Athens’ two area hospitals could expect to see over 600 COVID-19 patients by the end of April, with many cases coming from the 16 surrounding northeast Georgia counties in their service area, according to a new report.
The report, prepared by researchers from the University of Georgia College of Health at the request of physicians from Athens area hospitals, estimates that by April 28th, local hospitals will admit between 98 and 639 patients.
According to best current data, around 15 percent of those patients could need intensive care.
These predictions were based on models using publicly available counts of confirmed COVID-19 cases from county-level data published daily by the Georgia Department of Public Health. The researchers ran two scenarios based on the implementation and adherence of social distancing policies for the hospital service area — with one scenario modeling the impact of no shelter-in-place policies and the other modeling a service area-wide adoption of shelter in place with an average number of residents complying with the order.
Athens area hospitals serve 17 counties and approximately 650,000 people. Until Governor Brian Kemp’s statewide order, only Athens-Clarke and Oconee Counties had implemented comprehensive shelter in place orders while Barrow and Walton had issued partial orders. “If individuals adhere to the mandate,” write the report authors, “there should be a significant decrease in the number of COVID-19 cases.”
As of today, there are 276 confirmed cases in the hospital service area, and most have come from surrounding counties.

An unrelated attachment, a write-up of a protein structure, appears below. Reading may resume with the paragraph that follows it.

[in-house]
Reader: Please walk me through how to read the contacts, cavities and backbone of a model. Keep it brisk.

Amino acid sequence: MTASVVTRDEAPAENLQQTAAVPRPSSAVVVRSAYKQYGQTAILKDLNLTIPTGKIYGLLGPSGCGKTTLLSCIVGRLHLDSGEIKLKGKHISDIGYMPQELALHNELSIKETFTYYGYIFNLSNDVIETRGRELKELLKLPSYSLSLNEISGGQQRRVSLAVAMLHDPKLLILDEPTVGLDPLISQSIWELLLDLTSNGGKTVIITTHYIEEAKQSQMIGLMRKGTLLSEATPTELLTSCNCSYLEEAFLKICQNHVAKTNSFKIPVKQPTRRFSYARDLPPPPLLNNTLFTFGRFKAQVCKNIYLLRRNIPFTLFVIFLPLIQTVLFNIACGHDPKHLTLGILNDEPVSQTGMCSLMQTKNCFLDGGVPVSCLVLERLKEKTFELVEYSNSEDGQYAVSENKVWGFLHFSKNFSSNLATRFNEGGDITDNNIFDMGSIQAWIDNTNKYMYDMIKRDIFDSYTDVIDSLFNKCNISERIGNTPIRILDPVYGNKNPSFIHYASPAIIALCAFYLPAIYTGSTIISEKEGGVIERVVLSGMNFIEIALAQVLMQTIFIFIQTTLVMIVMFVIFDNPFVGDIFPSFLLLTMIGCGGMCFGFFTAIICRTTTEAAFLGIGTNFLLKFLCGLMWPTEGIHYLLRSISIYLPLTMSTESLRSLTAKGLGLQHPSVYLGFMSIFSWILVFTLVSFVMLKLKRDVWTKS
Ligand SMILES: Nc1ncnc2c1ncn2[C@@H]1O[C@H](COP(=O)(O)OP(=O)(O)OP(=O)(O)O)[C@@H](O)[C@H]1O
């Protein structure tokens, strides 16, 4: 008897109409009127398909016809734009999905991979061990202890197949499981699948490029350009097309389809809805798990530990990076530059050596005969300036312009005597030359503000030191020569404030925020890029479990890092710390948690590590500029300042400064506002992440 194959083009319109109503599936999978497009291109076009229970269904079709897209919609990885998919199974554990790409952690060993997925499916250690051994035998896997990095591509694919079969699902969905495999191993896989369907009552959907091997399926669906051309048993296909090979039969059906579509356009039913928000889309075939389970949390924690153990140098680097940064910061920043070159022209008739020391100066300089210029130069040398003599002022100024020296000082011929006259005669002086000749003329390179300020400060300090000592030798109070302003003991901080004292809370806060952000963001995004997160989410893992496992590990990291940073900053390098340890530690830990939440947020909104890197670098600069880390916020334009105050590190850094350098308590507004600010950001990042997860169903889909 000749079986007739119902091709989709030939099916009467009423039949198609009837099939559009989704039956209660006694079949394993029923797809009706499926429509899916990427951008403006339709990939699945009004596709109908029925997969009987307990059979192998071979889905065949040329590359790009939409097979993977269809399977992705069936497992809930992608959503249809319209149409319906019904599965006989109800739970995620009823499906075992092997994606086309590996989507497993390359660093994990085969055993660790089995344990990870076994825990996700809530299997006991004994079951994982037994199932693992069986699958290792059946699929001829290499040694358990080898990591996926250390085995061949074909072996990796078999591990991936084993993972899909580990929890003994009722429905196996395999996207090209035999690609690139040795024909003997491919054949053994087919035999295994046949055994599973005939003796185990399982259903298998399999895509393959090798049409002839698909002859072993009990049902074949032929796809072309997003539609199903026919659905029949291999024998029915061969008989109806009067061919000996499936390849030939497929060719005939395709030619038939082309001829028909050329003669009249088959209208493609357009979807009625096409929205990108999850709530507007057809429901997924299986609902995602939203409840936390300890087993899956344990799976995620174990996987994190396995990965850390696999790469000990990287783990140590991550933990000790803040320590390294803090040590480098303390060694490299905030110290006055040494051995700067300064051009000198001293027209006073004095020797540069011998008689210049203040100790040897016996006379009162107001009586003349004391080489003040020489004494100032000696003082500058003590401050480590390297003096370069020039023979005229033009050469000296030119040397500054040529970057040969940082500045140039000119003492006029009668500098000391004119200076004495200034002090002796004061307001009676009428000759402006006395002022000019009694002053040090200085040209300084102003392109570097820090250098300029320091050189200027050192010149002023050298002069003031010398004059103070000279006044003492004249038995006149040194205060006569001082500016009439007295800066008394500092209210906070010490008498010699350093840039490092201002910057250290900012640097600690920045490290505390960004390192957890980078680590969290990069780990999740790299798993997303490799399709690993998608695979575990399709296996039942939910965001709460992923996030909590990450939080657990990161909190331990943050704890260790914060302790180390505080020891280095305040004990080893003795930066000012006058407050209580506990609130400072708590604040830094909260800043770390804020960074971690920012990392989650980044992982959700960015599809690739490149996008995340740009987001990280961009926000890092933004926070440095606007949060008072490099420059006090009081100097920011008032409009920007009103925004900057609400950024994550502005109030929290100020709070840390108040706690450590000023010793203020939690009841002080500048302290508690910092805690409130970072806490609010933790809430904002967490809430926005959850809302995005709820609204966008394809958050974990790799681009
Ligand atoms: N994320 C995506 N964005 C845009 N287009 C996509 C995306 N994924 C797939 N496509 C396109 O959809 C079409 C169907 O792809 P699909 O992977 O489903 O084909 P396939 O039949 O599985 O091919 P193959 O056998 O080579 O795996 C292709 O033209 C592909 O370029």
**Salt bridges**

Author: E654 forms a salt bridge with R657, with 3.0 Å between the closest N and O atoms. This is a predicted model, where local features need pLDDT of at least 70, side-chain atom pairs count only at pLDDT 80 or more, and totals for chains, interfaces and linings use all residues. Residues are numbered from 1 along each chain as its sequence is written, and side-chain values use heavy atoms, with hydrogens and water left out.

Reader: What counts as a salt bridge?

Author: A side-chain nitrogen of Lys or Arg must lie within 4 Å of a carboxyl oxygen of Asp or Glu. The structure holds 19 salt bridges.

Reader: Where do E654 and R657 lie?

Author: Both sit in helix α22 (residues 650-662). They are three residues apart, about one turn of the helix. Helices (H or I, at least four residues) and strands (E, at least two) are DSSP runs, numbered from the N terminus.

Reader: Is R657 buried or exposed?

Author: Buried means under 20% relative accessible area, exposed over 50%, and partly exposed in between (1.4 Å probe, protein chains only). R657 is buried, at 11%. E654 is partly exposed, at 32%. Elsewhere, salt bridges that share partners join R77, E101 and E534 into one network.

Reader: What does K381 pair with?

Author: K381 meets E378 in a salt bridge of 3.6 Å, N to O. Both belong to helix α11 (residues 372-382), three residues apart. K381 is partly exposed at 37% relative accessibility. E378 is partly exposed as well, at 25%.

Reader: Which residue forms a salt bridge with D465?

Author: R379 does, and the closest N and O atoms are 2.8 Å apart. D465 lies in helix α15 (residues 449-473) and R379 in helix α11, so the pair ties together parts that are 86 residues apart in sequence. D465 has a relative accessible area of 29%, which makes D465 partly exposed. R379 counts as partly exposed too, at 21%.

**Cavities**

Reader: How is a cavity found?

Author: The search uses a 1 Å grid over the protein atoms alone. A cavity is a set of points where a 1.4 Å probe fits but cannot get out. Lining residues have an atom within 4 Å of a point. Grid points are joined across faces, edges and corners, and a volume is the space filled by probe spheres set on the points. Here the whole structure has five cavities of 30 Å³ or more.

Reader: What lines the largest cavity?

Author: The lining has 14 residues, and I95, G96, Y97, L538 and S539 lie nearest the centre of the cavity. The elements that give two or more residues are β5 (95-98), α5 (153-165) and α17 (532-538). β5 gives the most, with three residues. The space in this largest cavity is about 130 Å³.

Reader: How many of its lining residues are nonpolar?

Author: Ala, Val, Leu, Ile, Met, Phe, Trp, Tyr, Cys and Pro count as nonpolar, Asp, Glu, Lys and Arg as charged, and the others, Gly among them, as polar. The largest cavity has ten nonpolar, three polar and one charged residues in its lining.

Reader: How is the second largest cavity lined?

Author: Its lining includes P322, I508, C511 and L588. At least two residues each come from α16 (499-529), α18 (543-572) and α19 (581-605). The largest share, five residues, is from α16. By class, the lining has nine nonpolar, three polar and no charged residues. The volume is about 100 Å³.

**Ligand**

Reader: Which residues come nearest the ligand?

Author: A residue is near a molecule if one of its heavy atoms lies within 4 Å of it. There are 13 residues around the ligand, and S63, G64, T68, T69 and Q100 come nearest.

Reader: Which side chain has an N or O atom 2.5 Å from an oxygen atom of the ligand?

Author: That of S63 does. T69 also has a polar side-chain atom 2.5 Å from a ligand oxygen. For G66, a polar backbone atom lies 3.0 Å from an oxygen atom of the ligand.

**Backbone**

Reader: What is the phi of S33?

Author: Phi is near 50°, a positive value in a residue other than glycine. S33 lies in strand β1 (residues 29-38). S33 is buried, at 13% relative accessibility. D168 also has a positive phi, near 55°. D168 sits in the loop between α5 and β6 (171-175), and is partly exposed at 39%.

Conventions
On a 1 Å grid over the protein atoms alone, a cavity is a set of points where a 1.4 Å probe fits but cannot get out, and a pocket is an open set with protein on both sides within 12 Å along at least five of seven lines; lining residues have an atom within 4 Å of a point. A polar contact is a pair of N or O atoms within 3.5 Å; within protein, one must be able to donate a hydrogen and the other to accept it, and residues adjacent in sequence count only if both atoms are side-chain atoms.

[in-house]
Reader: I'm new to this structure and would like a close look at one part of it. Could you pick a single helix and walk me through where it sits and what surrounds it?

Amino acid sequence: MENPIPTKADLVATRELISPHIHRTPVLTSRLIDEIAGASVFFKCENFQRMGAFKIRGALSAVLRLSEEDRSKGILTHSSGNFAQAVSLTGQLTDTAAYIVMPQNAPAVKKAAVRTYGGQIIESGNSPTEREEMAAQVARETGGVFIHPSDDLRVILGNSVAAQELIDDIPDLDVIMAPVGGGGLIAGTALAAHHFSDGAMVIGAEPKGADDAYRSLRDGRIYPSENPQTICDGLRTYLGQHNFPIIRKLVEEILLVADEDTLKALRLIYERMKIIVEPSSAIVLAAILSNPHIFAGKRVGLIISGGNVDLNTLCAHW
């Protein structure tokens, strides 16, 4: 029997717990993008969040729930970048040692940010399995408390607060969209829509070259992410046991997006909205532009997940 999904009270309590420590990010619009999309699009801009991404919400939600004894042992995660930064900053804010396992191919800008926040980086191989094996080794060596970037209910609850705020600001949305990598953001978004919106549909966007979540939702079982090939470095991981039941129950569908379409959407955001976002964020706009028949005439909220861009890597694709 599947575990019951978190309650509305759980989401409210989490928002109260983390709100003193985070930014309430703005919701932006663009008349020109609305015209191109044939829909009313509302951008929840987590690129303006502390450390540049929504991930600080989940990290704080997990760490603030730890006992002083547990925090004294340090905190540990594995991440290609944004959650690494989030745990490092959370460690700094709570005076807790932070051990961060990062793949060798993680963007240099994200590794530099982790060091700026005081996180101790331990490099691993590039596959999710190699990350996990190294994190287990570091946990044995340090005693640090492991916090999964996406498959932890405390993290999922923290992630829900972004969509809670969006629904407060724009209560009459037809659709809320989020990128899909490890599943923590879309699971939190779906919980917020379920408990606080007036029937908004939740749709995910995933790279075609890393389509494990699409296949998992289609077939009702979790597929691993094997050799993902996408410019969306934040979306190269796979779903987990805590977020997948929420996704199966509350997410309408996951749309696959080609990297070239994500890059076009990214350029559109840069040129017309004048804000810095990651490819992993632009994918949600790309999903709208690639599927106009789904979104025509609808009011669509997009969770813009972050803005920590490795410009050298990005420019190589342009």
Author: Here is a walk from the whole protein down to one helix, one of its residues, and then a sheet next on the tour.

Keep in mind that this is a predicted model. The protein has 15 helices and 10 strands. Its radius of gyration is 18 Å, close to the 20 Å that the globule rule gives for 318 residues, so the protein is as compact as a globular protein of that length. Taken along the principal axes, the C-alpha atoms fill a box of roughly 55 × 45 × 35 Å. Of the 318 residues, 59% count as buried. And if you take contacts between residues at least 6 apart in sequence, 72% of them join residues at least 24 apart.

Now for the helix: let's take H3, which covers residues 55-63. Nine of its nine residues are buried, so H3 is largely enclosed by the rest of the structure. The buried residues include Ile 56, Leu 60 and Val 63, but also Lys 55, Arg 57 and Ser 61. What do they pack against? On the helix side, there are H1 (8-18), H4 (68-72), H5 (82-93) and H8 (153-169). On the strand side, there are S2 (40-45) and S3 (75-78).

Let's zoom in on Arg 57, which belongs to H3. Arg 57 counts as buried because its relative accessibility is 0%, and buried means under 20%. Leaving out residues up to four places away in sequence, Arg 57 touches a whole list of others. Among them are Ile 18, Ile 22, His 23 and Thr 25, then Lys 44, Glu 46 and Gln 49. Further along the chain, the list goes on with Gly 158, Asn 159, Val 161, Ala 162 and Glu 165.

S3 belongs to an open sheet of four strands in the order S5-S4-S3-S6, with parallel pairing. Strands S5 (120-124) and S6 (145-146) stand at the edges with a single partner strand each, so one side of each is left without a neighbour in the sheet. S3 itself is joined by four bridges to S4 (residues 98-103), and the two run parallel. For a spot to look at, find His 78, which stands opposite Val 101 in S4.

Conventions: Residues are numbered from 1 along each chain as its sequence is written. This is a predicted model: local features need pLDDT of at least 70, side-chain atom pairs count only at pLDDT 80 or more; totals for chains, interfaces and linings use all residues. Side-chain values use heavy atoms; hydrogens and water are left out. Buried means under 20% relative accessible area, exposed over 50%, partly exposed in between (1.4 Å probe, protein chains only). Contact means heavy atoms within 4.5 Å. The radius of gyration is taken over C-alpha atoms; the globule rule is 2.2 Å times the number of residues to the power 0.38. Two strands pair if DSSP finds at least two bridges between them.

Grace Bagwell Adams, one of the report’s authors, gave a presentation to the Athens Mayor and Commission Meeting on March 19, where she outlined the gaps between the potential care needs of the service population and the hospitals’ service capacity. She is concerned about the realities of keeping health care workers and the community safe in a scenario reaching over 600 cases.
“In Athens-Clarke County, we have 556 beds – total capacity, pre-COVID,” said Adams. “However, beds are not as much of an issue as available providers. We must have the PPE to protect our providers, and we must have a backup plan to get more providers here if ours begin to get sick. In our worst-case scenario, which only spans to April 28th and doesn't have a peak in sight, we could have over 600 patients that need beds and care. We would be well beyond current capacity at that point.”
The estimates, adds Adams, also point to the need for residents in Athens’ health care service area to practice shelter in place to reduce transmission.
Justin Ingels, who led the modeling effort for this report, echoes this point.
“Models of COVID-19 rely upon a considerable number of assumptions,” he said. “We chose to limit our forecast to four weeks because we just don’t know yet how well social distancing will reduce transmission. At this point, the number of cases we’re seeing is below our worst-case scenario. For this trend to continue, we must all continue to practice social distancing and stay at home as much as possible.”
Lauren Baggett is the director of communications for the University of Georgia College of Public Health.